By Kiarii and Eva
From 10th to 12th of April, the 2013 Interaktiivinen Tekniikka Koulutuksessa took place in Hämeenlinna. First day was dedicated to several pre-conference workshops such as the researchers meeting, while the other two days were focused on the presentation of experiences in the use of ICT in learning contexts.
The conference has a long tradition in Finland and it is mainly addressed to a national audience (in fact, most of the presentations were in Finnish). Therefore, for non- Finnish speaking attendants, the conference was, besides a knowledge exchange, an introduction to the Finnish interactive educational technology community. The profile of the members of such a the community was quite diverse since among the attendees you could find teachers, researchers and representatives of the ICT sector.
Keynotes speeches were focused on the impact of ICT research, possibilities of tools for making and the potential of games in learning. It was interesting to have access to well-known nationally and international voices such as professor Erno Lehtinen, from the department of teacher education & Learning at the university of Turku, and Walter Bender, researcher and technologist leading the Sugar Labs initiative. In the first case, professor Lehtinen offered some interesting insights about how different learning theories have produced partly successful ICT supported learning environments. His speech was an invitation to review other traditions and avoiding limiting the researches to constructivist approaches. On his side, Walter Bender presented the software-development and learning community, Sugar Labs. Sugar is open source software, initially intended for One Laptop per Child, but that currently runs on any computer. Its constructivist approach clearly draws on Seymour Papert’s ideas. By introducing the kids to computational thinking and making culture, Sugar aims at raising a generation of critical thinkers with the ability of problem-solving skills. For us, the possibility to chat with Mr. Bender was extremely valuable as we were able to identify common areas of interest in Sugar and the Square1 prototype.
Some of the ITK2013 recurring topics and approaches in the use of educational technology dealt with games, design of learning environments and tools, mobile learning with especial attention to the use of iPads, collaboration and participation, as well as digital skills. The session dedicated to the future of education offered a good synthesis of the most trending topics in the Finnish arena: games, m-Learning and MOOCs.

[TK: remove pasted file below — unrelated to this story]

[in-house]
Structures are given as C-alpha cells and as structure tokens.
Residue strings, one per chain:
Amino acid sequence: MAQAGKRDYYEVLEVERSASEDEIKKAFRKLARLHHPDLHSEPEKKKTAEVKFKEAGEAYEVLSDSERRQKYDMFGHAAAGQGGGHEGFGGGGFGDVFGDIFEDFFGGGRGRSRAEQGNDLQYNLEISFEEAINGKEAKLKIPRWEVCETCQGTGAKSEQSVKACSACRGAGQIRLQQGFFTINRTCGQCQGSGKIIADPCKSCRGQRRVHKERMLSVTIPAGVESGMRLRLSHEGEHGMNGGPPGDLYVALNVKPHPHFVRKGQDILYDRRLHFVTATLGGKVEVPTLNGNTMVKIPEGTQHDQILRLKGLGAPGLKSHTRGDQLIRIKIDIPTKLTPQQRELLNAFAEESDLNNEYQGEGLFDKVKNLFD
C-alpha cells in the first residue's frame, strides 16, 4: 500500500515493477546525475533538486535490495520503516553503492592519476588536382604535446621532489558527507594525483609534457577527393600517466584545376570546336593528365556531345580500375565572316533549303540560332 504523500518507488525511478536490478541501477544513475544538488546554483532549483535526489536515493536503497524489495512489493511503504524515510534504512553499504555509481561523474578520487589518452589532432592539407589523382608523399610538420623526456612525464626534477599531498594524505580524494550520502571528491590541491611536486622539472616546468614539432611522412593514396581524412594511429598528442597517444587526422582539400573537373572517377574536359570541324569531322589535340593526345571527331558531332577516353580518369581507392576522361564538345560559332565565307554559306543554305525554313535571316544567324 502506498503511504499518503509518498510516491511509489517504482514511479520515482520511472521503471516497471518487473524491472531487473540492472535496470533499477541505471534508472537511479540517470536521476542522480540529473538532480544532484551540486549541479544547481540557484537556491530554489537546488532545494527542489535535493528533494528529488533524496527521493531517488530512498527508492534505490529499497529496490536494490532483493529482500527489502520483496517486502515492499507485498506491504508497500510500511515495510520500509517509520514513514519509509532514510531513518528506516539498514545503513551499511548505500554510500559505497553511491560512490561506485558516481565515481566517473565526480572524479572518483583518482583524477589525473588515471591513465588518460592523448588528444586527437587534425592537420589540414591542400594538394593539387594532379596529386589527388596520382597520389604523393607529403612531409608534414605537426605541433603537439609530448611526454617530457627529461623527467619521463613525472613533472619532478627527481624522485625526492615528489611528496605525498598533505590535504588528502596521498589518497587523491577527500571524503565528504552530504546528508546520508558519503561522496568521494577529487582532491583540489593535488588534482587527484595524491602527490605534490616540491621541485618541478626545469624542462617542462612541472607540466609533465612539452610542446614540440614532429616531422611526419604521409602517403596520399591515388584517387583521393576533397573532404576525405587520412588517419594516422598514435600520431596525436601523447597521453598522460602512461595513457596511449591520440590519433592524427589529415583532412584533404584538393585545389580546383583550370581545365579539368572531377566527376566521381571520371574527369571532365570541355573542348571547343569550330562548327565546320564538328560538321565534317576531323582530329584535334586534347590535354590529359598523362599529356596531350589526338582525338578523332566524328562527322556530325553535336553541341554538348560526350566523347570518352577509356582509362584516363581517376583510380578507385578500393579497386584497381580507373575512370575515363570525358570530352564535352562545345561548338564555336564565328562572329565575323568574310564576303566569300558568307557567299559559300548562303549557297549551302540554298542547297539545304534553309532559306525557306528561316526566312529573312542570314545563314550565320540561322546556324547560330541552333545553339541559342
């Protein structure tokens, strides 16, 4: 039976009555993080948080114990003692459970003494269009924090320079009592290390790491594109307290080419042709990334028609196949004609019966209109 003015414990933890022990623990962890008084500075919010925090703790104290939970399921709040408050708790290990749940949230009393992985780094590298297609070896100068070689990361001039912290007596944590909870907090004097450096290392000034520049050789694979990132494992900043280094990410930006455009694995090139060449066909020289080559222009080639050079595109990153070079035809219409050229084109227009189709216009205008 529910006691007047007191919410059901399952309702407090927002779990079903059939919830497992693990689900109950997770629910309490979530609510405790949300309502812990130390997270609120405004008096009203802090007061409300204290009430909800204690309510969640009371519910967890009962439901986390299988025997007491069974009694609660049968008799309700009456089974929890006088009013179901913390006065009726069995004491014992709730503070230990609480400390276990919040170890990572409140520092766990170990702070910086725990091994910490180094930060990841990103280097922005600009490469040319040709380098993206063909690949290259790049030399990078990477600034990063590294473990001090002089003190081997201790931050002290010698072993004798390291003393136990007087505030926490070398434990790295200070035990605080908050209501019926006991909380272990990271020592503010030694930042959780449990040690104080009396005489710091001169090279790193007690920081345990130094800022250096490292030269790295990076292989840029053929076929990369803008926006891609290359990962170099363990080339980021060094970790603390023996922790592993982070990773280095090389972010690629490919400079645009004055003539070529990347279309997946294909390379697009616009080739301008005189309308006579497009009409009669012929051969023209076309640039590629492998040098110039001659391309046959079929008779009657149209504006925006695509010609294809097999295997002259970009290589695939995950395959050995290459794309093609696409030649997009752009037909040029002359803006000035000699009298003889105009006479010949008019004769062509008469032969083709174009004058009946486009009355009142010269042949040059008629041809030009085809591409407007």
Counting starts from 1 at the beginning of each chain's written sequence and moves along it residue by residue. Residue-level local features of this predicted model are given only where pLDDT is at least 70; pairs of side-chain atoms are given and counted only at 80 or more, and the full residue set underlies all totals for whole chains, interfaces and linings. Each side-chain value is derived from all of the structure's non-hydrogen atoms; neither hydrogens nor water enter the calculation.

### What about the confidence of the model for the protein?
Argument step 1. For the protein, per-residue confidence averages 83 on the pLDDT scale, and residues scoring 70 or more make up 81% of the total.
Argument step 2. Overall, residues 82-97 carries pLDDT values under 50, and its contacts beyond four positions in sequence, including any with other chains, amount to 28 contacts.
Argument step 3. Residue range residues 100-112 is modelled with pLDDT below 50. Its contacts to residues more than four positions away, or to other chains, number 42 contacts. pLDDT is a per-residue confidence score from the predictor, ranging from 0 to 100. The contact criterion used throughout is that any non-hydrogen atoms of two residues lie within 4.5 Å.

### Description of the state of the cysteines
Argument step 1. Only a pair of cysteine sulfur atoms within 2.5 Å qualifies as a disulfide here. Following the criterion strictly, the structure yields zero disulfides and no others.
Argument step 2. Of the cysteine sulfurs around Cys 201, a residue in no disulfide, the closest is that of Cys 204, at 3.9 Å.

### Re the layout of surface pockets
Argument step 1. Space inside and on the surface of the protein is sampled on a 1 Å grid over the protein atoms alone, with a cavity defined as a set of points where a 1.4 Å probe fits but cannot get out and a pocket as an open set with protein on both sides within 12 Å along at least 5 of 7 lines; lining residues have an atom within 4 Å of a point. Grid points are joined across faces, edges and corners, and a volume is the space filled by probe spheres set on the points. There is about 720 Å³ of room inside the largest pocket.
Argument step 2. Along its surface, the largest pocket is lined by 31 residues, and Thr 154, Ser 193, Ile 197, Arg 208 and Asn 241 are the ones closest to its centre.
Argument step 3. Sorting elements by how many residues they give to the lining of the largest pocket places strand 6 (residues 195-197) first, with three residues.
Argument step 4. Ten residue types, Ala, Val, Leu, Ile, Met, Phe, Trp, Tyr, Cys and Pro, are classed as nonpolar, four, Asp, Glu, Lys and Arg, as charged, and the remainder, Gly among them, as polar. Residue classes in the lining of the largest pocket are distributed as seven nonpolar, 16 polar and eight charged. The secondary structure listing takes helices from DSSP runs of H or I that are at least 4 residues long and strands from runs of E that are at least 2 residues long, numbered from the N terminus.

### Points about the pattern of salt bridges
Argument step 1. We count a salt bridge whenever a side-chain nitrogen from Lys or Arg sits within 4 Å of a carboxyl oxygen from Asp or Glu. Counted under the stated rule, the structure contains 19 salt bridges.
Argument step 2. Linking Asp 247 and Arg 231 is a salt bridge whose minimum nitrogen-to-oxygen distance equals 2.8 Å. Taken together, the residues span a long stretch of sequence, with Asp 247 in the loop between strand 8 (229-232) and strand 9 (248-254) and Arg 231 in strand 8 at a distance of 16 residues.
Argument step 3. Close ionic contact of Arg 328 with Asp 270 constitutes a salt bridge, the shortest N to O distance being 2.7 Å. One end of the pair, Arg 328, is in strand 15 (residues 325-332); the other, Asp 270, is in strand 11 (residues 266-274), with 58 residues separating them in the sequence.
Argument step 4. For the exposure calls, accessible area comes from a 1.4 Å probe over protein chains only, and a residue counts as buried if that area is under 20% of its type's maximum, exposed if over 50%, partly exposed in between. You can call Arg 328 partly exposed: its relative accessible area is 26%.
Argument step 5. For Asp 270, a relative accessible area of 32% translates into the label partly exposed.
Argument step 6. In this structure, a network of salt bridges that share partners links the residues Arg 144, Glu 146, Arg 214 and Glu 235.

LEAD projects fell mainly in these categories. For instance, in the design of tools for collaboration and participation, proposals such as Square1 and Presemo offered an innovative view of how to support group learning in different contexts. Collaboration was also analyzed from the teachers’ perspective through a research focused in the collaboration among teachers to support the educational use of ICT.
In relation to the design of learning environments (LE), Gemilo’s social learning solution and the research proposal for designing a visual dashboard that supports reflection about learning performance and wellbeing presented new approaches in the understanding of LE. Other presentations such as “How to design learning in the 21st century” and “Agile in the educational domain” addressed some of LEAD’S main aims: to bring design thinking to learning design and design expertise to the development process of technological learning solutions. The LEAD team also offered insight about future trends in the use of ICT in learning.
It is interesting to highlight that most of ITK2013 reported experiences were focused in formal education, with a great emphasis on the use of ICT among Primary and Secondary students. Although this is a first impression, and also quite difficult to contrast due to minimal understanding of Finnish, it raises some questions that are worth to take into consideration:
1) In which contexts do innovative use of ICT have greater impact in learning? and 2) Is there a big difference between formal and informal education, and why?